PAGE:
TOOELE — Over a five hour period, a 16-year-old Grantsville boy waited for each member of his family to come home so he could shoot and kill them, according to prosecutors.
“This happened over a five-hour period, piece by piece by piece by piece. This wasn’t one horrific act all occurring in one minute,” said Tooele County Attorney Scott Broadhead, who added this did not appear to be a case of “I snapped.”
On Wednesday, Colin Jeffery “CJ” Haynie was formally charged in Tooele County’s 3rd District Court with four counts of aggravated murder, one count of attempted aggravated murder, and five counts of discharge of a firearm. All of the charges are first-degree felonies.
If he is convicted, Broadhead said the maximum penalty the teen could face is life in prison without the possibility of parole. Because Haynie is a juvenile, he is not eligible for the death penalty.
In disturbing charging documents filed late Wednesday afternoon, prosecutors outlined how Haynie stayed home from school on Jan. 17 and waited for each member of his family to come home that day. Colin Haynie, the father and husband of the victims, told police that CJ Haynie told him after the shootings that “his intention was to kill everyone in the house except himself,” charging documents state.
The biggest question yet to be answered is why.
“We have no answer at this point as to what his motive or mental state was,” Broadhead said. “He has declined to speak to police.
“We all have the same questions. Why? We don’t know. Hopefully that’ll be developed through time.”
The county attorney said he could not comment yet on whether investigators believe drugs or alcohol may have been factors.
The killings began about 1 p.m. on Friday when CJ Haynie’s mother, Consuelo Alejandra Haynie, 52, and 12-year-old sister Milan returned home from school, according to charging documents. He shot them multiple times in their heads, necks and upper bodies, the charges state.
About 2 p.m., Alexis Haynie, 15, arrived home. Alexis was shot multiple times in the head and upper body, according to Broadhead.
About 5:15 p.m. Matthew Haynie, 14, was shot once in the head after arriving at home, the charges state.
Broadhead said it appeared each family member was shot “fairly soon” after arriving at home.
An hour after Matthew was killed, CJ’s father, Colin Haynie, arrived home and was shot in the leg, the charges state. There was then a struggle over the gun, during which the elder Haynie was hit on the head with an unknown object, according to charging documents.
“(The father) said that he told the defendant that the defendant’s mother would be sad if the defendant killed him,” the charge state. “He said the defendant told him that his mother and other siblings were already dead.”
The father was able to get the handgun away from his son, who then apparently went with him to the hospital without further incident.
Broadhead said Wednesday that he doesn’t know why CJ Haynie went from wanting to kill his family to seemingly going to the hospital willingly with his father and without issue. He said the elder Haynie, as of Wednesday, had still not spoken with prosecutors and that he and his oldest son were keeping their privacy while “trying to wrap their heads around this horrific event.”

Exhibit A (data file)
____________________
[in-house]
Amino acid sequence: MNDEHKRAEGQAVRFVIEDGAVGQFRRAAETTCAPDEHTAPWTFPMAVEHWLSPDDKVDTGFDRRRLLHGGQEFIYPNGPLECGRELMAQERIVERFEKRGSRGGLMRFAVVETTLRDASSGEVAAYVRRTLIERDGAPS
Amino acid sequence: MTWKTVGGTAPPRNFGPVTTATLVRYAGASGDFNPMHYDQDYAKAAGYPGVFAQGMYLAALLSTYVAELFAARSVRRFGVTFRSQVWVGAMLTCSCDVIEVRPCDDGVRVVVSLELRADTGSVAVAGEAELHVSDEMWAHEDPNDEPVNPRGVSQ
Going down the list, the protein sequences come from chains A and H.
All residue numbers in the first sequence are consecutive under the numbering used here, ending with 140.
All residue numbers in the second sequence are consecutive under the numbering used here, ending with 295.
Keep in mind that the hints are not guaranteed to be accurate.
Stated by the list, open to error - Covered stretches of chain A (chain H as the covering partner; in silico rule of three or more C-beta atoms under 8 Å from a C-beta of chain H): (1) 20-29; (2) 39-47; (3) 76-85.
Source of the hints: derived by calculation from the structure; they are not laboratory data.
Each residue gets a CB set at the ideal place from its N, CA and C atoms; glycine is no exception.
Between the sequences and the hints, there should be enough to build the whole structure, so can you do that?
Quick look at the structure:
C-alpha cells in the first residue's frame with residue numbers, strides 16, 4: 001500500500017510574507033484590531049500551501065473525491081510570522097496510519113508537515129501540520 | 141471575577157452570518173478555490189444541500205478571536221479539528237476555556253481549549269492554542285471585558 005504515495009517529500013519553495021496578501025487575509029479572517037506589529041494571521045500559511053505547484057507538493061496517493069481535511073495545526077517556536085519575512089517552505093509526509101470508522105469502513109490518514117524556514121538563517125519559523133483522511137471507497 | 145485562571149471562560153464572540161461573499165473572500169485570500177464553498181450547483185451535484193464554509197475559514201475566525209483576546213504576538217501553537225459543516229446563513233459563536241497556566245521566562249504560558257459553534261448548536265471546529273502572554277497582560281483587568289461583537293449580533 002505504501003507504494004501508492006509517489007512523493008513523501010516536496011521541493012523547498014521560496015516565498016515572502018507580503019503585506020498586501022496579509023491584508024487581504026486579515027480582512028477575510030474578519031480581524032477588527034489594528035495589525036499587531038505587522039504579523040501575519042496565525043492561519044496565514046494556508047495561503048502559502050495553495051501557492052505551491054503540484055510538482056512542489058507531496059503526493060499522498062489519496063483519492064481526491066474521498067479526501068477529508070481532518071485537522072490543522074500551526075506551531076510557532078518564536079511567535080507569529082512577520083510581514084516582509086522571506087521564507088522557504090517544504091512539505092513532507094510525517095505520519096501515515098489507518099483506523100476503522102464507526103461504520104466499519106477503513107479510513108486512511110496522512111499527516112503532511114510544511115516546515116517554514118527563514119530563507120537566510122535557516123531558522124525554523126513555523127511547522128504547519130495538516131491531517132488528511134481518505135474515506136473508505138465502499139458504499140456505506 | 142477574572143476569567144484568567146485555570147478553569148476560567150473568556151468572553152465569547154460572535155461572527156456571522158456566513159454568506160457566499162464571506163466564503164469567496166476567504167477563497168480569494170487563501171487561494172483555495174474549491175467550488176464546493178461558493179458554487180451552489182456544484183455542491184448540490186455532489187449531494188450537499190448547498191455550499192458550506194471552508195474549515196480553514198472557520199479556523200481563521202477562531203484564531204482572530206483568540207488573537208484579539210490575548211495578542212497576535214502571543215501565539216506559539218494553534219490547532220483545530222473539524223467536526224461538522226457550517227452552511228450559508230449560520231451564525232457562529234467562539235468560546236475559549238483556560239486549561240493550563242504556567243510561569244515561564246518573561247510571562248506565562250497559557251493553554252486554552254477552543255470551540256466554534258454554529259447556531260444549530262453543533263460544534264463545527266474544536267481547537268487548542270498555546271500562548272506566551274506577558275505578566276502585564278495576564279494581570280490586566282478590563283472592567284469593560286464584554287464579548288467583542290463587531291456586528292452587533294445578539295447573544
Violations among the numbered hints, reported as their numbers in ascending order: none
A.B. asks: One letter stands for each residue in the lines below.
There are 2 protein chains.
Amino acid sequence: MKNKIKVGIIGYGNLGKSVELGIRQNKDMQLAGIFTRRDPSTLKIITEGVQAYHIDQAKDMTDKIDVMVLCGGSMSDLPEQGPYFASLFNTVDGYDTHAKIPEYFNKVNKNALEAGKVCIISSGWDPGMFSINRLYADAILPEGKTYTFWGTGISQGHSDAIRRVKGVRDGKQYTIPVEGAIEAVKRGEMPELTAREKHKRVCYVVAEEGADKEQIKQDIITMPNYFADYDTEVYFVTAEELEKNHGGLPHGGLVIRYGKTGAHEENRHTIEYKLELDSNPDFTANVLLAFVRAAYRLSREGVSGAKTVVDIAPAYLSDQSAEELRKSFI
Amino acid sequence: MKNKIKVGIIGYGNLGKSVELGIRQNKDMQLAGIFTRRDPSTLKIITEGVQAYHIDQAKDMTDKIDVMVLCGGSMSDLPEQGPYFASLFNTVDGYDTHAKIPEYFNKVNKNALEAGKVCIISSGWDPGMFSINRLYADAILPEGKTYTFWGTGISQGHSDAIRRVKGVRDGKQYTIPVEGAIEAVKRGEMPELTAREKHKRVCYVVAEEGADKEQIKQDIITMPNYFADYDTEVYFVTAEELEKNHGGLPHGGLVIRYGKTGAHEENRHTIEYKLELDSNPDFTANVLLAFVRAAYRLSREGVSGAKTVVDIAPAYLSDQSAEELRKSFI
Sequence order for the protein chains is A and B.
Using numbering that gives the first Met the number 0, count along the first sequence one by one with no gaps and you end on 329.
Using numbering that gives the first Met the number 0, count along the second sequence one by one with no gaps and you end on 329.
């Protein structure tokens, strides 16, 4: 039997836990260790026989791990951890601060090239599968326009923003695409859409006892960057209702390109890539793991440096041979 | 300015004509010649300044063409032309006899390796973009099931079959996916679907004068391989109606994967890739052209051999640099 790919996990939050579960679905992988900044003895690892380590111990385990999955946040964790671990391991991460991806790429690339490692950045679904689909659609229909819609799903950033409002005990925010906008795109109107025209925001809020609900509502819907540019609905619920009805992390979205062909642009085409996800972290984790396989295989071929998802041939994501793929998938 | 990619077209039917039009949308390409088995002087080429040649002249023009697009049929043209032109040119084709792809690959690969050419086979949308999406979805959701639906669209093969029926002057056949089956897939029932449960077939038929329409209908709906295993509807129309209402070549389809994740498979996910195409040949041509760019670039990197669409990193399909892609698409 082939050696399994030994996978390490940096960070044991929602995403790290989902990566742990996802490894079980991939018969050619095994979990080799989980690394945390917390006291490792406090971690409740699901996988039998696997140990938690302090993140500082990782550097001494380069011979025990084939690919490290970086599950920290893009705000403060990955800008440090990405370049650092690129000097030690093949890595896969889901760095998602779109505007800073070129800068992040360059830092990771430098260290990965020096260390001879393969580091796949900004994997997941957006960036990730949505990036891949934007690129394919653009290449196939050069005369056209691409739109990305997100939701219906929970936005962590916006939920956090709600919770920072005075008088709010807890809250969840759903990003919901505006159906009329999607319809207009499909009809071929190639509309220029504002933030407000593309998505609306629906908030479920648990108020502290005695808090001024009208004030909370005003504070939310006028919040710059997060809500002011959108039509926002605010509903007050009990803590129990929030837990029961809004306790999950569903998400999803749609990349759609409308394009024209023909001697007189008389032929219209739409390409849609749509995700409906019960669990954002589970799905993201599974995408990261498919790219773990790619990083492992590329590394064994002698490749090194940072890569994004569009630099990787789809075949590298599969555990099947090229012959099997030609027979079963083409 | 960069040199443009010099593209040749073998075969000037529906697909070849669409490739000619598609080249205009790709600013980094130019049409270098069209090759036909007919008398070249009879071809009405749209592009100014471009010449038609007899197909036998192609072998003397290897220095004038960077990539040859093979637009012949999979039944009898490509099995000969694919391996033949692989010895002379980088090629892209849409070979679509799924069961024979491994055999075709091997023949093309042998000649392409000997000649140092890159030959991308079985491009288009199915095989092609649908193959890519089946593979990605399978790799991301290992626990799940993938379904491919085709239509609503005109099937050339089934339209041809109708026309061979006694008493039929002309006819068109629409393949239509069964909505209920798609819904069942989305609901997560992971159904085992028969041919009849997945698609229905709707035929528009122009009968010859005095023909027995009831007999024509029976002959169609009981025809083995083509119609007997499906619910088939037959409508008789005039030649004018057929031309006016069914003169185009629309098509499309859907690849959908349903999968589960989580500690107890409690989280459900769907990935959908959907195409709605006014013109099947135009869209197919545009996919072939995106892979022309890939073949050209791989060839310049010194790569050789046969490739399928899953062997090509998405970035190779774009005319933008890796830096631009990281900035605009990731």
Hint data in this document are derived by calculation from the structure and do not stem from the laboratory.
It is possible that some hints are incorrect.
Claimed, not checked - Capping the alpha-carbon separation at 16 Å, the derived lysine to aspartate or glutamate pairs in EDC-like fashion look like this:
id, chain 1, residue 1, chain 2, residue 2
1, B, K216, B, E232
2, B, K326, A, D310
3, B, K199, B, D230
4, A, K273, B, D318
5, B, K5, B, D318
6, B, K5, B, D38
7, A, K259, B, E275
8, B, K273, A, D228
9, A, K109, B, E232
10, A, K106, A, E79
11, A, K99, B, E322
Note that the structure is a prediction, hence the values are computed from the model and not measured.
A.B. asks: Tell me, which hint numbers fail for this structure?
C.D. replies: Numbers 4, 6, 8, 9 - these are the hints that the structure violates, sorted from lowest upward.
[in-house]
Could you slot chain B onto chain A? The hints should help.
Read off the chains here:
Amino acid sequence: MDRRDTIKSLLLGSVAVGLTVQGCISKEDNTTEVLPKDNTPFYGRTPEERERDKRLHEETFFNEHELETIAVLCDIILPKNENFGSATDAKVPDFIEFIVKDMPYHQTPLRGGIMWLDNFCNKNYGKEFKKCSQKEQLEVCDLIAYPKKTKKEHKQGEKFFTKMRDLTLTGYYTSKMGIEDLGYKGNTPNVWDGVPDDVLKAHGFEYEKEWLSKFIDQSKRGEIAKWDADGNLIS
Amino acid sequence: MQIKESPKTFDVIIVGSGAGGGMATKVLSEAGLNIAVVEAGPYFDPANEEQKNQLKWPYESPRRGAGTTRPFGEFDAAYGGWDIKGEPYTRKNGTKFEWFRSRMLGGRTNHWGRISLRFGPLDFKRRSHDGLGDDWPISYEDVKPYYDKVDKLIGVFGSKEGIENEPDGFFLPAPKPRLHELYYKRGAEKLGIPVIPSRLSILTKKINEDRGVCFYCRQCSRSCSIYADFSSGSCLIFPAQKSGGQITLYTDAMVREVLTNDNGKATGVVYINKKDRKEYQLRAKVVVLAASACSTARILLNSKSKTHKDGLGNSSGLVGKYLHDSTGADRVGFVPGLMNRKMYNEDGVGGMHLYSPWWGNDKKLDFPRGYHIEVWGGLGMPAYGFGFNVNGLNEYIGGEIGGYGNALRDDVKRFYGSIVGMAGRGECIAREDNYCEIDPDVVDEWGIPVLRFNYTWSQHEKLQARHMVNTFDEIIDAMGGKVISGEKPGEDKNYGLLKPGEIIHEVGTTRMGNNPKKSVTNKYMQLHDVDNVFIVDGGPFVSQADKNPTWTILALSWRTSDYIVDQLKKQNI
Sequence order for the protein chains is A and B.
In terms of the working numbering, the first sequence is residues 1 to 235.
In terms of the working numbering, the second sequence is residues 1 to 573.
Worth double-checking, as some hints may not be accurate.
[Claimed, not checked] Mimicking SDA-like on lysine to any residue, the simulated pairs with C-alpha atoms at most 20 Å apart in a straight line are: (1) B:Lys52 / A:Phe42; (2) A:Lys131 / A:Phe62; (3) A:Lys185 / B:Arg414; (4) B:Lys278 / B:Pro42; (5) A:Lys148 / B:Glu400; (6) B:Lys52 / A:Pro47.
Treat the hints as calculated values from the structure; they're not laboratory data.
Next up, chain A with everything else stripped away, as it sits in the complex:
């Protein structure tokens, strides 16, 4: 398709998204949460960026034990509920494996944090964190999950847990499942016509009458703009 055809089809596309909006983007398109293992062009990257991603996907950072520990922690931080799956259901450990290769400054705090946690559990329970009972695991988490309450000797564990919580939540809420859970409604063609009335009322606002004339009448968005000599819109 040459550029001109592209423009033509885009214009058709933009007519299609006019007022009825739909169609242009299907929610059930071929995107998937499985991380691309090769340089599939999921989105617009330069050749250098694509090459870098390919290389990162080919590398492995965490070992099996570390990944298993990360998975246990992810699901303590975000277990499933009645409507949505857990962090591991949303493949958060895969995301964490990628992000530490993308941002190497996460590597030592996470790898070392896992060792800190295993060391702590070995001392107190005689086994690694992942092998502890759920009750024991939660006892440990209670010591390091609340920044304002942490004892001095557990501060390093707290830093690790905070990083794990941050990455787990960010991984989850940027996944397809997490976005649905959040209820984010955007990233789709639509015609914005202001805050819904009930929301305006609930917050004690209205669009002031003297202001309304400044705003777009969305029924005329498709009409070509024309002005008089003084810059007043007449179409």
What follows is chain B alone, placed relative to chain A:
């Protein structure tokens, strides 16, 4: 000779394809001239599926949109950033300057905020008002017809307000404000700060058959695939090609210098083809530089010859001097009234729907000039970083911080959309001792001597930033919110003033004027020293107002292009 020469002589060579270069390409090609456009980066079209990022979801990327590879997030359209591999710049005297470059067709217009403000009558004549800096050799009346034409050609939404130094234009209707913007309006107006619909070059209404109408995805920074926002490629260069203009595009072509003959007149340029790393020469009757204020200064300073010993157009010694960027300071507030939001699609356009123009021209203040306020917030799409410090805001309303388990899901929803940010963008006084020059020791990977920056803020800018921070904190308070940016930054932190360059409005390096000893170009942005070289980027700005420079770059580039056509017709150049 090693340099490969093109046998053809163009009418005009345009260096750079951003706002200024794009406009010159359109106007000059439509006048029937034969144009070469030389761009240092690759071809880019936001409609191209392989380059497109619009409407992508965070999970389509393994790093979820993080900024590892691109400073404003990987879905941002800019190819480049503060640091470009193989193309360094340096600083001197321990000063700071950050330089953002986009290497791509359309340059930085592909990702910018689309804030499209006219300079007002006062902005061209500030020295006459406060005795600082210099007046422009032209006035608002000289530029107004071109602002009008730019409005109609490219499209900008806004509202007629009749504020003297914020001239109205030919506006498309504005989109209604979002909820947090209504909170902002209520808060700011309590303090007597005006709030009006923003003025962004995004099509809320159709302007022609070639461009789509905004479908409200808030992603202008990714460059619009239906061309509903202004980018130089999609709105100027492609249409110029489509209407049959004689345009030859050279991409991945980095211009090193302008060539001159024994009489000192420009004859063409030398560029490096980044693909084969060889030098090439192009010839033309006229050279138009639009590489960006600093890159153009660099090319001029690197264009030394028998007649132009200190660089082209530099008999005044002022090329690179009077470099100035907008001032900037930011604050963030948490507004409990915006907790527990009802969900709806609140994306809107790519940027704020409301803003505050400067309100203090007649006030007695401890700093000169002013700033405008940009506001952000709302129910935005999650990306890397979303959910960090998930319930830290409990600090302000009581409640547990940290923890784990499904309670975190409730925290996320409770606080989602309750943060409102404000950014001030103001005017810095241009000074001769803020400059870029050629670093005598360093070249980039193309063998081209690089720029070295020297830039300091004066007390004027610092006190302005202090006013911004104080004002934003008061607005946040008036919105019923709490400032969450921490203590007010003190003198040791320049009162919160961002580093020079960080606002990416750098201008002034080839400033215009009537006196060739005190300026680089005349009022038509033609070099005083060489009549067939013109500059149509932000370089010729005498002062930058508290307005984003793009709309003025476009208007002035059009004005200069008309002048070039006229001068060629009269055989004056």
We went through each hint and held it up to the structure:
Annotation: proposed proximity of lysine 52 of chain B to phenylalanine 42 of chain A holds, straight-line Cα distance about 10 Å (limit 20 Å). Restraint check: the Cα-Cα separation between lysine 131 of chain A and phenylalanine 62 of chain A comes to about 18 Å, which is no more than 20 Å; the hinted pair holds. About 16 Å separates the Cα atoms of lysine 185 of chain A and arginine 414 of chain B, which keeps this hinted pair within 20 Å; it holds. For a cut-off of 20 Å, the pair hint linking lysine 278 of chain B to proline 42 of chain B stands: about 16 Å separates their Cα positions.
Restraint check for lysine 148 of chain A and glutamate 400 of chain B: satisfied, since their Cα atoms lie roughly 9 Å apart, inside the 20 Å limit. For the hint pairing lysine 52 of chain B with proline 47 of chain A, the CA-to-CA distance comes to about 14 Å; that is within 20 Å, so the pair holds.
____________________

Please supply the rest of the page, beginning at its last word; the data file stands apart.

It was shortly after Colin Haynie was shot and took the gun away from his son that a neighbor happened to stop by the house to drop something off, unaware of the tragic events that had taken place, Broadhead said. Colin Haynie had the neighbor drive him and his son to the hospital.
It was while they were heading to the hospital that CJ Haynie told his neighbor he’d killed his family, prompting the neighbor to call 911, according to Broadhead. He did not know Wednesday why the elder Haynie didn’t call 911 from his house or if he had verified his family was dead before leaving.
When police arrived at the hospital, they said CJ Haynie was calm. But Broadhead said he has not cooperated with police since his arrest.
CJ Haynie’s first court appearance is scheduled for Monday afternoon. Broadhead said the investigation was still ongoing and that police were still examining electronic devices such as laptops and phones hoping to find a possible motive.
Funeral services for the four deceased members of the family will be held Friday at noon at the Grantsville Stake Center, 550 E. Durfee St. The services will be preceded by a viewing at 10 a.m. Interment will follow at the Grantsville City Cemetery.
Alejandra Haynie was raised in Chihuahua, Mexico, according to the family’s obituary posted by Didericksen Memorial, a mortuary based in Grantsville.
“She was a loving mother to her children and loved to prepare delicious meals and desserts. She also loved to garden and care for her fruit trees. She was always willing to help out and serve people in the ward and the community,” the obituary stated.
Each of the deceased children was born in Bountiful.
Alexis Haynie was a freshman at Grantsville High School where she was the goalkeeper for her junior varsity soccer team. She was also “an accomplished artist and loved to play the piano. Other interests included ‘The Lord of The Rings’ and playing with her siblings and friends,” according to her obituary.
Matthew Haynie, an eighth grader at Excelsior Junior High, enjoyed soccer, wrestling, playing chess and “anything to do with ‘Star Wars’ and gaining the ‘high ground,’” the obituary stated.
Milan Haynie was in the seventh grade at Excelsior Junior High. In addition to playing soccer and volleyball, she enjoyed “creating art with her sister, taking a specialized interest in superheroes,” and leaving “loving and encouraging notes,” the obituary stated.
The family is survived by their father and husband, Colin Haynie, and older brother Danny Hayne. The Haynie family has lived in Grantsville since 2010.